To Marry a Prince
True Or Not
Fairy tales are always sideways on to real life. The world you will find in To Marry a Prince is very close to our twenty-first century. But the past is a different matter.
What’s the same
- As Richard tells Bella, Fanny Burney, author of Evelina, really was lady in waiting to Queen Charlotte, though she didn’t enjoy it and it stopped her writing. Poor, mad George III chased her round the garden in Kew, until Fanny turned and stood her ground. Everyone else, including the Queen, was terrified of him in these moods but Fanny, though quaking, spoke gently to him and he calmed down.
- Isabella Bird, for whom Bella was named, was an intrepid traveller in the nineteenth century. She went to many then remote places, including the Rocky Mountains, Tibet, Persia, Hokkaido and China, generally alone with local guides. In Colorado she probably fell for mountain man Jim Nugent, who took her climbing. She refused to marry him, telling her sister that he was the sort of man any woman would love but no sane woman would marry. She tangled with spies and was attacked by a mob in Szechuan Province. She wrote several books about her travels and was the first woman fellow of the Royal Geographical Society.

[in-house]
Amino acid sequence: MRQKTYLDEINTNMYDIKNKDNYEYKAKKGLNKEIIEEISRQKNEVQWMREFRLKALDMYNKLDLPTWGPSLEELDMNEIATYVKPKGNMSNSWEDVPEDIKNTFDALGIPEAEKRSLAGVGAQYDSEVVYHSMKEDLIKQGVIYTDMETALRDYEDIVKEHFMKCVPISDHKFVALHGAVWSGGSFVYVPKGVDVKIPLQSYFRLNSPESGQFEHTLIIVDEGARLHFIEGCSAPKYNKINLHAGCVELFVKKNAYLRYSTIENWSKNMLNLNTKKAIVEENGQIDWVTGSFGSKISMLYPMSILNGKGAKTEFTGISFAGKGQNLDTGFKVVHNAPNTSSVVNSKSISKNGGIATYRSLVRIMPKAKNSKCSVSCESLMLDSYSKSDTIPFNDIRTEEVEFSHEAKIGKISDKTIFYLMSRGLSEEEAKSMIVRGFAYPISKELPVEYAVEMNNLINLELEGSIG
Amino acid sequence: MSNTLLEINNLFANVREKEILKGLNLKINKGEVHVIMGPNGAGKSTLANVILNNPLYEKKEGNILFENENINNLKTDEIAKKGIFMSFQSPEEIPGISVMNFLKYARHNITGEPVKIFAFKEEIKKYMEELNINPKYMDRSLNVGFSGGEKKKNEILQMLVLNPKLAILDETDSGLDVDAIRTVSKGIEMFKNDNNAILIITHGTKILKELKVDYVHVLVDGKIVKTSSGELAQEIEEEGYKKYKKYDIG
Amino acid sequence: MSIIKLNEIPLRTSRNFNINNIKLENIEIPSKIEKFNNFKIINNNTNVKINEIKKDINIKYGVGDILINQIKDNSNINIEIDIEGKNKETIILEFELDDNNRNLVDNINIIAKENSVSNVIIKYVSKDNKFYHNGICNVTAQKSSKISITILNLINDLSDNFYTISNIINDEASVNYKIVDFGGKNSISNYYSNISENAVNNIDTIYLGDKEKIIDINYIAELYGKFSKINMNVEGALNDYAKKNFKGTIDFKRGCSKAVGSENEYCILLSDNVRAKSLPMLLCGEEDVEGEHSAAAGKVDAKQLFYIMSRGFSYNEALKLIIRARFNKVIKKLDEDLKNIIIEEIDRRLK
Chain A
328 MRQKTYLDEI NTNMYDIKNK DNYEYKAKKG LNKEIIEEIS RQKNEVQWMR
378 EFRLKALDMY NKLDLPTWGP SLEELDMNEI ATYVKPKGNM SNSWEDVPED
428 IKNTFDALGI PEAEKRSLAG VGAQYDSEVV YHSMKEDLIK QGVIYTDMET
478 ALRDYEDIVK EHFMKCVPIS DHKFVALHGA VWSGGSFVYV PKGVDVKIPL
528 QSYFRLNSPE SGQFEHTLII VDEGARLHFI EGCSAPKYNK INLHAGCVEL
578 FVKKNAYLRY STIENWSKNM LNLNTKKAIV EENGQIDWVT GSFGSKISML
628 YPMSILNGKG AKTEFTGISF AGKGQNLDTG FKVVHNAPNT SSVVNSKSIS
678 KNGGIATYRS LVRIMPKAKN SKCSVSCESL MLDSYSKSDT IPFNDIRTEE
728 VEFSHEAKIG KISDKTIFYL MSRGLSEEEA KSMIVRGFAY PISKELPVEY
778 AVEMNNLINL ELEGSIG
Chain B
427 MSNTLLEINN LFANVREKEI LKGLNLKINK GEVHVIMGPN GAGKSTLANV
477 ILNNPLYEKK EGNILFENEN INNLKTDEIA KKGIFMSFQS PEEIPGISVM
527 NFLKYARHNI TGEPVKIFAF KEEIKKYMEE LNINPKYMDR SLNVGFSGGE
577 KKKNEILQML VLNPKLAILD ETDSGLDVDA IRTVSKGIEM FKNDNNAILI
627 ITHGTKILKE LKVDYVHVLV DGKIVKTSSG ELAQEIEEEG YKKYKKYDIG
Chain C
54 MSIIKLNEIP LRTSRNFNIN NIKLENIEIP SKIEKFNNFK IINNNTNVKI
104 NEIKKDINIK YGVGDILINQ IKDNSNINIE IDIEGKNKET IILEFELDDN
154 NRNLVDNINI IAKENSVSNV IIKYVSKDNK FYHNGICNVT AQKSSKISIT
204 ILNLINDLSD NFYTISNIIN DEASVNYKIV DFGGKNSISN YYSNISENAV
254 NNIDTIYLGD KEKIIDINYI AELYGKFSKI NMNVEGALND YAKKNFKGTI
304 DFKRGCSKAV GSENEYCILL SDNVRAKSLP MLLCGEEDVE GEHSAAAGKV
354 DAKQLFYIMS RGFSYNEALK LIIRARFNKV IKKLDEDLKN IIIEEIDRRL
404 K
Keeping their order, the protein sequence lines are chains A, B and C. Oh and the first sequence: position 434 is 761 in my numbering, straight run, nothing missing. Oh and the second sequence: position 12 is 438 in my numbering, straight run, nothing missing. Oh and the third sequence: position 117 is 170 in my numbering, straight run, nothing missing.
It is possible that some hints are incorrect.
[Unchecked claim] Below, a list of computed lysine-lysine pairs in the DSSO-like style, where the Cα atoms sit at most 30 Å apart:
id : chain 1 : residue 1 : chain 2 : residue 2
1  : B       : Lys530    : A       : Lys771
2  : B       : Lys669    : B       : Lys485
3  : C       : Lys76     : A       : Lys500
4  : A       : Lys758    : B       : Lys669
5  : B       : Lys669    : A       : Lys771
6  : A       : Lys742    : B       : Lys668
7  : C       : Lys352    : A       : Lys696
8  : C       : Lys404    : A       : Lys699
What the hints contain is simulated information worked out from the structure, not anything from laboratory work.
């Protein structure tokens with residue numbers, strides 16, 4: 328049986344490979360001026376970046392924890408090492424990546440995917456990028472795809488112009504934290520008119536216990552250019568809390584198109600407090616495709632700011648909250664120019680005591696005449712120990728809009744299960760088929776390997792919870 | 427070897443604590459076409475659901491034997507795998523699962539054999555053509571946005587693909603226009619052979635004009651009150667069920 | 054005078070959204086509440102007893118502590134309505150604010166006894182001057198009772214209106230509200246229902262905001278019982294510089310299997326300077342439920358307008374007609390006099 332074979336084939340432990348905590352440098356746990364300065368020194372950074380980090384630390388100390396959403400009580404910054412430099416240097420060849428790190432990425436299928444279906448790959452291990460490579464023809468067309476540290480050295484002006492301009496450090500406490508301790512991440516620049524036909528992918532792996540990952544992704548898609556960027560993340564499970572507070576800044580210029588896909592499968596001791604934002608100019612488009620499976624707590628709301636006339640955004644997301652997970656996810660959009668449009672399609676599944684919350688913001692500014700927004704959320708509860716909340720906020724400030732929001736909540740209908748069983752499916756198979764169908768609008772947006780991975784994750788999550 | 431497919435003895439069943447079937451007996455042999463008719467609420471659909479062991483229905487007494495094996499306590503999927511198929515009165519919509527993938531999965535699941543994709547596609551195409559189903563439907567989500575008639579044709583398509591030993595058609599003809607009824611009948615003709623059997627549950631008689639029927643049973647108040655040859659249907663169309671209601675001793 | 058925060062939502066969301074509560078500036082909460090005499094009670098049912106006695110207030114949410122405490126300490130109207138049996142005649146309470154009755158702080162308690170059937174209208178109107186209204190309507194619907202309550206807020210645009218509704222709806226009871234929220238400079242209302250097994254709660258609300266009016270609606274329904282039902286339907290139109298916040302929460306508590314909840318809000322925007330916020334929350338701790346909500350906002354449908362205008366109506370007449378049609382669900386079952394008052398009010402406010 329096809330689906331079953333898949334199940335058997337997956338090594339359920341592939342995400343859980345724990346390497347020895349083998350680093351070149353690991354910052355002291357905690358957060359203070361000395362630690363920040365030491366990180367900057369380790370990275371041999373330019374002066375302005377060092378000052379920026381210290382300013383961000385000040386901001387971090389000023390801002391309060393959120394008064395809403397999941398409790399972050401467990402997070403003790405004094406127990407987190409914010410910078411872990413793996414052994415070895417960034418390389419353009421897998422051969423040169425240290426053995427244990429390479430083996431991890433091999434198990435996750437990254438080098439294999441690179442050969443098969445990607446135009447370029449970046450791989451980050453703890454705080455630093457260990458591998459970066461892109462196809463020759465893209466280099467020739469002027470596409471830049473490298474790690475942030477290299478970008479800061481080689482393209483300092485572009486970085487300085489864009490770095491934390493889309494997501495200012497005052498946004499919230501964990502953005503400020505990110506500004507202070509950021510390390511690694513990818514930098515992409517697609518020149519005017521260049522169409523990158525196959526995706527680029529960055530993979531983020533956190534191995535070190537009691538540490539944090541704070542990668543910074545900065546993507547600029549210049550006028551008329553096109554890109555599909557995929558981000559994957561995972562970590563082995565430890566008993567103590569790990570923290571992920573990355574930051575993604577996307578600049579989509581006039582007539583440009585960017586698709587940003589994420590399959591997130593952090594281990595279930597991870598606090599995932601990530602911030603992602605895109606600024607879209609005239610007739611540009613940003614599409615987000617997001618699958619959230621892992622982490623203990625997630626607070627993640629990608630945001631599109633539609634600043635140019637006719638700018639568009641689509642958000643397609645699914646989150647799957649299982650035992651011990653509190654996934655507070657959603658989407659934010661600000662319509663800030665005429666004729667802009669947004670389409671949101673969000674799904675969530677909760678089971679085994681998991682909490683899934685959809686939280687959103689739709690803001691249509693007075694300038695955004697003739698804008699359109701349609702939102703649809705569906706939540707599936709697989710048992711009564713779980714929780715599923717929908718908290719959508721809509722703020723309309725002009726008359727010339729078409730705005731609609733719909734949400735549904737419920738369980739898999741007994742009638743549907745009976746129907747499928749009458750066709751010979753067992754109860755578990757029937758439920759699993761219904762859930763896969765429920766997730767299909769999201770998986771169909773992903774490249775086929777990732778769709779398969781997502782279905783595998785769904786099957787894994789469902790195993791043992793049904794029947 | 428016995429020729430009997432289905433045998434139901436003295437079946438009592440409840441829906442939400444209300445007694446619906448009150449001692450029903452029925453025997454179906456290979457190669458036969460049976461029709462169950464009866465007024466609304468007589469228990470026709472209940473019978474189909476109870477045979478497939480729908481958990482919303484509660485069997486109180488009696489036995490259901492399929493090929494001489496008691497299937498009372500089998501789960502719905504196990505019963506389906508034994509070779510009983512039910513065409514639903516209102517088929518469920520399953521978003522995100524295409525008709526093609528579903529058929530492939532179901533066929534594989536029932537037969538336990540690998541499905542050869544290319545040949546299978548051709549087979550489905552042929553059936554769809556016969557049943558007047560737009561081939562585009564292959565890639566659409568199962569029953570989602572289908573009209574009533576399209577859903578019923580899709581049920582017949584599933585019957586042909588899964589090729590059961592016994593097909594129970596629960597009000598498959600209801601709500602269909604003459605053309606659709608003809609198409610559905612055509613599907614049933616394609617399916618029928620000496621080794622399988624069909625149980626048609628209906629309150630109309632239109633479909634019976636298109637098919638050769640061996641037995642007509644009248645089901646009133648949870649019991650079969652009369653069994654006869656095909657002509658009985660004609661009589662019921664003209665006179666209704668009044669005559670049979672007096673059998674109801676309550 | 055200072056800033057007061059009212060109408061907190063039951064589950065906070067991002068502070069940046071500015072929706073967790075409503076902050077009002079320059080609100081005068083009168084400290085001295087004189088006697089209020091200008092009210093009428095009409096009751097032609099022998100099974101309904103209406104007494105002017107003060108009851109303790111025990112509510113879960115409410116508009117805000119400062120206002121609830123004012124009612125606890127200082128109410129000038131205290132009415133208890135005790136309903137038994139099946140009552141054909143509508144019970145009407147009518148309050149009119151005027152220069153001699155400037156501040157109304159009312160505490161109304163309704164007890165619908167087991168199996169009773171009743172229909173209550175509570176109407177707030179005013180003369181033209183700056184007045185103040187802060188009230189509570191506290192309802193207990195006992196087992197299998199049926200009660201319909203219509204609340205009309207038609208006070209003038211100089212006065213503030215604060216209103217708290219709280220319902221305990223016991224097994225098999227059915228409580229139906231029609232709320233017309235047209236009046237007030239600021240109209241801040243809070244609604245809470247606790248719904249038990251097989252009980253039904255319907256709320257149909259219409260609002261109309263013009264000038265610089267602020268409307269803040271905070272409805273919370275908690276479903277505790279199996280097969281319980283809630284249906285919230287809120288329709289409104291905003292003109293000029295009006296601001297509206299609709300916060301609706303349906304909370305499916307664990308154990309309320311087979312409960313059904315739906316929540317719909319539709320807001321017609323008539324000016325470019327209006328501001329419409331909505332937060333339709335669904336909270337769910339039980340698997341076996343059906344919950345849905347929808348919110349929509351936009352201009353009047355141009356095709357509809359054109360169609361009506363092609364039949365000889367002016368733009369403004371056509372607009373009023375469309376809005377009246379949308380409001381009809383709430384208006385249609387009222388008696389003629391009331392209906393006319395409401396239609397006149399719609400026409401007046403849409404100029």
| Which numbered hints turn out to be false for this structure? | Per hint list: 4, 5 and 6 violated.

- Princess Charlotte, the only daughter of the Prince Regent and Heir Presumptive to George III survives the (live) birth of her son in 1817 and lives a long and happy life, thereby becoming the ancestor of Bella’s Richard, Prince of Wales.
- When George IV dies, Charlotte succeeds to the throne in her own right, with Leopold as her Prince Consort. Their many children marry into the royal families of Europe. She abdicates in 1869 and is succeeded by her son, King Frederick.
- In 1832 Charlotte and Leopold purchase Drummon, a sporting estate in the Highlands. Charlotte insists on adding a Gothic dining hall to the eighteenth century house. It remains the private property of the Royal Family.
- In 1864, as part of Queen Charlotte’s 70th Birthday Celebrations, the South Kensington Museum is renamed the Charlotte and Leopold Museum.